My husband, prisoner of conscience in Bahrain
My husband, Sheikh Ali Salman, is the secretary general of Al-Wefaq, the largest political opposition bloc in the Kingdom of Bahrain. For peacefully critiquing our repressive government, the Higher Criminal Court recently sentenced him to four years imprisonment.
The authorities interrogated my husband for many hours before officially arresting him. He was originally summoned for questioning about “violating certain aspects of law” and was later charged with “publicly inciting hatred and insulting public institutions”.
The accusations are a little ironic, because Ali is the least hate-filled person I’ve ever known.
Over the past three decades, Ali has worked peacefully for political, social, and economic reform in our country. Though many people now know Bahrain as the site of mass uprisings since 2011, which has seen dozens killed and thousands imprisoned, the mid to late 1990s was also a period of intense revolt on our island.
The uprising lasted from 1994 to 2000. From the beginning, Ali was an outspoken voice for reform, citing government corruption, human rights violations, and authoritarianism in his public speeches as a local politician. After he called for the restoration of parliament, which the government had disbanded decades prior, the authorities arrested him amidst a widespread crackdown on 5 December 1994.
He was removed from the country just one month later, initially to Dubai before moving to London, and remained outside Bahrain for seven years.
Since returning home, Ali has continued his fight for democracy in Bahrain, ultimately becoming the leader of our largest opposition movement. Under his leadership, Al-Wefaq has fought for fair distribution of voting districts, an elected government, a transparent judiciary and accountability for crimes committed by government security forces against the Bahraini people since the crackdown in 2011.
For four years, I have watched him and members of Bahrain’s civil society struggle to provide people with legitimate, peaceful ways of voicing their opinions in the face of a regime dead-set against reform and intent on punishing those who demand it. The government routinely denies Al-Wefaq’s requests for peaceful assemblies and marches; more than once authorities have completely banned demonstrations for months at a time.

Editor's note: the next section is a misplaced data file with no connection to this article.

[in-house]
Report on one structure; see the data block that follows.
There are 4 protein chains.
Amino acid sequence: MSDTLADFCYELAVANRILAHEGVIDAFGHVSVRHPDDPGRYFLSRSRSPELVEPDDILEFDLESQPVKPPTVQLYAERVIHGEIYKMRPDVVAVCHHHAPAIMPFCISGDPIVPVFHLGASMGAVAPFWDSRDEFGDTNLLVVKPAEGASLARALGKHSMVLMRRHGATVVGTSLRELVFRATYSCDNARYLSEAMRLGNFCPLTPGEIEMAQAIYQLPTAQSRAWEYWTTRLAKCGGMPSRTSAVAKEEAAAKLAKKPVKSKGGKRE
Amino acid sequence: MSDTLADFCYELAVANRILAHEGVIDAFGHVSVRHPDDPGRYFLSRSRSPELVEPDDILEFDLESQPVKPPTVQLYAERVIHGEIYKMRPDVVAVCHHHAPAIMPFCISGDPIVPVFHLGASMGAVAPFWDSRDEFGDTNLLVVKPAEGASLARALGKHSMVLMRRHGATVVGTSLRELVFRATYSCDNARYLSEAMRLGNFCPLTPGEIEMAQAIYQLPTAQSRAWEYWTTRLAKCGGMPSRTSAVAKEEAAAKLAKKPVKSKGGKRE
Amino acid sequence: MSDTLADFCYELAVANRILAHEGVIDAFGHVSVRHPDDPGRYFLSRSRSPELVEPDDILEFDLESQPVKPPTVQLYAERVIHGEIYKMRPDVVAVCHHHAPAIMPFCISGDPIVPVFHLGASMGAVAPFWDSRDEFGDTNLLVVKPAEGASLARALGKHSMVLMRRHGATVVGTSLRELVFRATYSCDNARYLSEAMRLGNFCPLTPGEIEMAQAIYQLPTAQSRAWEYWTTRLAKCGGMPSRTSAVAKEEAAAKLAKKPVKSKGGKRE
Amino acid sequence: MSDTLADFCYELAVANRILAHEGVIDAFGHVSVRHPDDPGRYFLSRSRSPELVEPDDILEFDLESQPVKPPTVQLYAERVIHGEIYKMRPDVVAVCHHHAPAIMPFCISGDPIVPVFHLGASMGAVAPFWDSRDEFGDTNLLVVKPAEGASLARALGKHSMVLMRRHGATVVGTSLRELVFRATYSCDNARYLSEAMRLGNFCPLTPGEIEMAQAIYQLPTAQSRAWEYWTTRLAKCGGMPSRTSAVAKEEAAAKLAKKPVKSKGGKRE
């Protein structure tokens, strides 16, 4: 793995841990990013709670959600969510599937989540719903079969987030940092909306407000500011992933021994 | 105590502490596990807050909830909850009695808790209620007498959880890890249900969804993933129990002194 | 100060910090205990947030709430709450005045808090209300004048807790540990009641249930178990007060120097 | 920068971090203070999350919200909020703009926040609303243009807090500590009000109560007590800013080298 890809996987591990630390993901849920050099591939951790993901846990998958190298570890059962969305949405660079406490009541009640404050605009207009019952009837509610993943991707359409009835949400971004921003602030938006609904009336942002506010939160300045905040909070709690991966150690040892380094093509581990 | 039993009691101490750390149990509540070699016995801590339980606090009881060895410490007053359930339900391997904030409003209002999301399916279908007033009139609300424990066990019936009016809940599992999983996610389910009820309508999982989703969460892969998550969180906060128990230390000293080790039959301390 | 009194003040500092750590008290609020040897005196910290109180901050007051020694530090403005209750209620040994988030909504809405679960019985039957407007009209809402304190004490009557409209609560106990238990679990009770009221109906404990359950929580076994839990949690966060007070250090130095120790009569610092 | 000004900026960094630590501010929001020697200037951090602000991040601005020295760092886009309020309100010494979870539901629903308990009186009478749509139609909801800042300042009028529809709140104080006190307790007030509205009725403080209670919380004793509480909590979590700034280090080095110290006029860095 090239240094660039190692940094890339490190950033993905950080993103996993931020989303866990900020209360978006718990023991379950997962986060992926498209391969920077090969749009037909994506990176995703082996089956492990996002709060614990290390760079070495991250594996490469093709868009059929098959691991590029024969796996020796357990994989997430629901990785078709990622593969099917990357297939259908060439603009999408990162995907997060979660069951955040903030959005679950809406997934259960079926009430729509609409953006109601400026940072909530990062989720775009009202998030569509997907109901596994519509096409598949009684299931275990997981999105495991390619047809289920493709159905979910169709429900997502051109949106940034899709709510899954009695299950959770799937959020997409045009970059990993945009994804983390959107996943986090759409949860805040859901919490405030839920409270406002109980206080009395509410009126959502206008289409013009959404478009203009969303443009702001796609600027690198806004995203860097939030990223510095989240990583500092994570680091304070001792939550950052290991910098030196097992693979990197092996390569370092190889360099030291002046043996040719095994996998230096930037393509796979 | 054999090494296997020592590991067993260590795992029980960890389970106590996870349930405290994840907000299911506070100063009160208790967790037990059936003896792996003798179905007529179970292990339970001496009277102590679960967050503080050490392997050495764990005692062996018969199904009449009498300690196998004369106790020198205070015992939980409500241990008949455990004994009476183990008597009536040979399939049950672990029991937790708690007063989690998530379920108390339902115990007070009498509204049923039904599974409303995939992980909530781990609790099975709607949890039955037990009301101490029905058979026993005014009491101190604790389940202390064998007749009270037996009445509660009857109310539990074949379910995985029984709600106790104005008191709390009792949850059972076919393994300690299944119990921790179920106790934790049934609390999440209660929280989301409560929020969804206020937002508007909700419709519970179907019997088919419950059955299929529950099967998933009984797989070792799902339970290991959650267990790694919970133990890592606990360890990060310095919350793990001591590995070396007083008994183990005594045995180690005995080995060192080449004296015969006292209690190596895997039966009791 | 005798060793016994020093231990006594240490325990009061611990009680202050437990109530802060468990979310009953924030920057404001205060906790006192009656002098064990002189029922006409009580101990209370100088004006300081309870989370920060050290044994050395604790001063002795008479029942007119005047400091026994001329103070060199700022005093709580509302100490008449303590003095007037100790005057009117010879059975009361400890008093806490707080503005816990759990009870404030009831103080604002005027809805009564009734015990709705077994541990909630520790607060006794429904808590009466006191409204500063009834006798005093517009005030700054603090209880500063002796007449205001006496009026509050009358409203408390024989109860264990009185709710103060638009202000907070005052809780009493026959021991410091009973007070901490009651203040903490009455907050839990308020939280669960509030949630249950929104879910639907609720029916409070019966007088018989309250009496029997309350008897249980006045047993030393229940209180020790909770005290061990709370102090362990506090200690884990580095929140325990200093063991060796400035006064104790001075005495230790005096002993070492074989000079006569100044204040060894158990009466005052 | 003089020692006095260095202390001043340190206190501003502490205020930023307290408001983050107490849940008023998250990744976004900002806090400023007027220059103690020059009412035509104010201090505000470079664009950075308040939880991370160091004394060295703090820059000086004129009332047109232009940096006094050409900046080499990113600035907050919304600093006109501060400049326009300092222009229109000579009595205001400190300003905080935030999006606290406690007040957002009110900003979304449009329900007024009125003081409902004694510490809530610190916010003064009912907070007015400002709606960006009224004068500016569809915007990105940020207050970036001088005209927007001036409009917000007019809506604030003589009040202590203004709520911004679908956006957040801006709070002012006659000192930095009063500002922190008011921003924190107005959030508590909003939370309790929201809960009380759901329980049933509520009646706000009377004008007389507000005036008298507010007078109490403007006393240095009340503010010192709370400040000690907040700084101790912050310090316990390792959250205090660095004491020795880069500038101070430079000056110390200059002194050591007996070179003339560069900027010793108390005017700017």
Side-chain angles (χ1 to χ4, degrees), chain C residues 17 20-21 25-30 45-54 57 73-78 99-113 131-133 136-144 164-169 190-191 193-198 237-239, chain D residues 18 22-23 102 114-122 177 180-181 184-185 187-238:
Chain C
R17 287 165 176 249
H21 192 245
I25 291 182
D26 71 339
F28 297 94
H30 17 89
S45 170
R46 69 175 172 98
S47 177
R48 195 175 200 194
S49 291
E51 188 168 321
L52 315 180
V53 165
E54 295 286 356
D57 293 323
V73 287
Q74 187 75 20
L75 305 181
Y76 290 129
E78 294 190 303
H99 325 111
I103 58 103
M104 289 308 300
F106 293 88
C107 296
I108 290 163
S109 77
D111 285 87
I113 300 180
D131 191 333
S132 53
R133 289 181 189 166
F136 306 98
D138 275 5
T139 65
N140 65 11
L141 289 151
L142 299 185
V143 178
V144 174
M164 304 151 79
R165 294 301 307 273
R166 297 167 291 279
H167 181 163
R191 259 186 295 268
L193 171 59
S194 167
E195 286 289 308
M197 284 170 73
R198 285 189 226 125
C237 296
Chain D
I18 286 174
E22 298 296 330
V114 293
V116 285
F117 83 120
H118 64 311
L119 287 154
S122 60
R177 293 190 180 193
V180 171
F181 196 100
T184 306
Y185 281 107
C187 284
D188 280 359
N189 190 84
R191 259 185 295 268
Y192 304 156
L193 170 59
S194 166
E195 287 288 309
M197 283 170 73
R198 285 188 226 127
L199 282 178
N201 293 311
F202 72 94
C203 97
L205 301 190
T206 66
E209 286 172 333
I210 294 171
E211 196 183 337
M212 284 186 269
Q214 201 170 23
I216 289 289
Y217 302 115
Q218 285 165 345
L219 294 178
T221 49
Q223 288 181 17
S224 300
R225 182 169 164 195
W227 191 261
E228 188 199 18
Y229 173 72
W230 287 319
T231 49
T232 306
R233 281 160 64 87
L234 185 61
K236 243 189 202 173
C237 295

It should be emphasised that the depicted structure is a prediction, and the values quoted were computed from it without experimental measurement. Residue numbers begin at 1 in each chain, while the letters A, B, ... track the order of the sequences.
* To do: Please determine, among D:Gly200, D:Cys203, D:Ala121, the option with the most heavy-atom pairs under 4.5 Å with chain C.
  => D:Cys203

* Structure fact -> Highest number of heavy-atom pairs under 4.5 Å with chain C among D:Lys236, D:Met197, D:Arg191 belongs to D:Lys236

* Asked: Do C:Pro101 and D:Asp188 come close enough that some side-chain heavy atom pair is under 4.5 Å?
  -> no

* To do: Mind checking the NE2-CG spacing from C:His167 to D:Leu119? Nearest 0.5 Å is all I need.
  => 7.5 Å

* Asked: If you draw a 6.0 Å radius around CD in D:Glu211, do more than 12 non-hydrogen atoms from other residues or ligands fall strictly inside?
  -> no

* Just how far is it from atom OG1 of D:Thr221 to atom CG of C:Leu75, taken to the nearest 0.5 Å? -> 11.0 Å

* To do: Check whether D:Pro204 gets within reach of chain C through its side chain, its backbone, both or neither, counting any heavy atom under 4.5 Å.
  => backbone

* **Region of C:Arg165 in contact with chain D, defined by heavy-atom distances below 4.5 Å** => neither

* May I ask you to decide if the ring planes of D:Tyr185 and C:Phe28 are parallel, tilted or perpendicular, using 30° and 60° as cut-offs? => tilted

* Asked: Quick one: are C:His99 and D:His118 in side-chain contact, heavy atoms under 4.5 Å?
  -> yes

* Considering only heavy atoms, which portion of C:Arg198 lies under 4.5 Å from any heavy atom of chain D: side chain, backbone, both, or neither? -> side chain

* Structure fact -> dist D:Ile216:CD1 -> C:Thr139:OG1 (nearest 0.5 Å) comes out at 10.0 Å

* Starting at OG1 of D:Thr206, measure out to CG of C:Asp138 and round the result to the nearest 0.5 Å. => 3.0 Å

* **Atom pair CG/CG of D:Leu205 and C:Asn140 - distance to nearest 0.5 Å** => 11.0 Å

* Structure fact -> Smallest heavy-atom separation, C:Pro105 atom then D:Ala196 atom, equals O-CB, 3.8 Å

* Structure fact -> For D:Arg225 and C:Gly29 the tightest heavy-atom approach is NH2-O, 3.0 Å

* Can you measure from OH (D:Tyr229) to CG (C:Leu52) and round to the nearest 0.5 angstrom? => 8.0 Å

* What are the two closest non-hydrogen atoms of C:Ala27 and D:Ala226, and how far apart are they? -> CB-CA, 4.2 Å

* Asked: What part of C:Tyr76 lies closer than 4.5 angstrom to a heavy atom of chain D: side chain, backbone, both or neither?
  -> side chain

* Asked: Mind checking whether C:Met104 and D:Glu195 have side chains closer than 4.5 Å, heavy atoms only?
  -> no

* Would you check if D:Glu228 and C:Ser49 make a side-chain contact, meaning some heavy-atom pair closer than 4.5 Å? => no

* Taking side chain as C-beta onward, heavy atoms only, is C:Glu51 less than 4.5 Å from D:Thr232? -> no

Many of our youth have become frustrated with the lack of reform, the high levels of corruption and the continuing impunity for perpetrators of state violence. When clashes have broken out between riot police and youth in our village – a weekly and sometimes nightly occurrence in Bahrain – Ali would stay awake until he heard news that no youth were injured that night. If they were, he’d be with their families within hours.
My husband is a Bahraini first and a politician second.
Many news outlets have called his prosecution an “escalation” in repressive tactics used by the regime. Amnesty International called the judgment "shocking”.
I understand why people would say this.
They used to call my husband a “red line” - a person so crucial to the stability of the country, so valued by its people, that even an authoritarian dictatorship would know better than to target him. But then again, we used to say the same of Nabeel Rajab, a prominent human rights defender now in prison, and Sheikh Isa Qasim, the country's foremost Shia cleric who has had his home attacked more than once.
There is no red line in Bahrain.
While my husband’s arrest, interrogation, detention and unjust conviction made headlines, it is not unique. For those of us living under Bahrain’s repressive government it is far from shocking.
We are witness first hand to our friends and loved ones disappearing in the night and returning home days later with torture marks on their bodies after “questioning” at the Criminal Investigations Directorate, all because they wrote a blog or walked in a peaceful march.
My husband’s conviction is, of course, an attempt by the regime to silence one of its most prominent critics. But it also mirrors the persecution endured by hundreds of outspoken politicians, journalists and human rights defenders in Bahrain.
Said Boumedouha, deputy director of the Middle East and North Africa Programme at Amnesty, said my husband’s conviction is "yet another clear example of Bahrain's flagrant disregard for its international obligations. Sheikh Ali Salman has been sentenced solely for peacefully expressing his opinion”.
This is true. And I’m sure my husband would add: “I am but one of hundreds of other Bahrainis suffering the same punishment.”
- Reema Shallan is the wife of jailed Bahraini opposition leader Sheikh Ali Salman.
The views expressed in this article belong to the author and do not necessarily reflect the editorial policy of Middle East Eye.
Photo: Bahrain's Al-Wefaq opposition group leader Sheikh Ali Salman looks on during a rally against the upcoming parliamentary election in the village of Zinj, south of Manama, November 20, 2014. (AFP)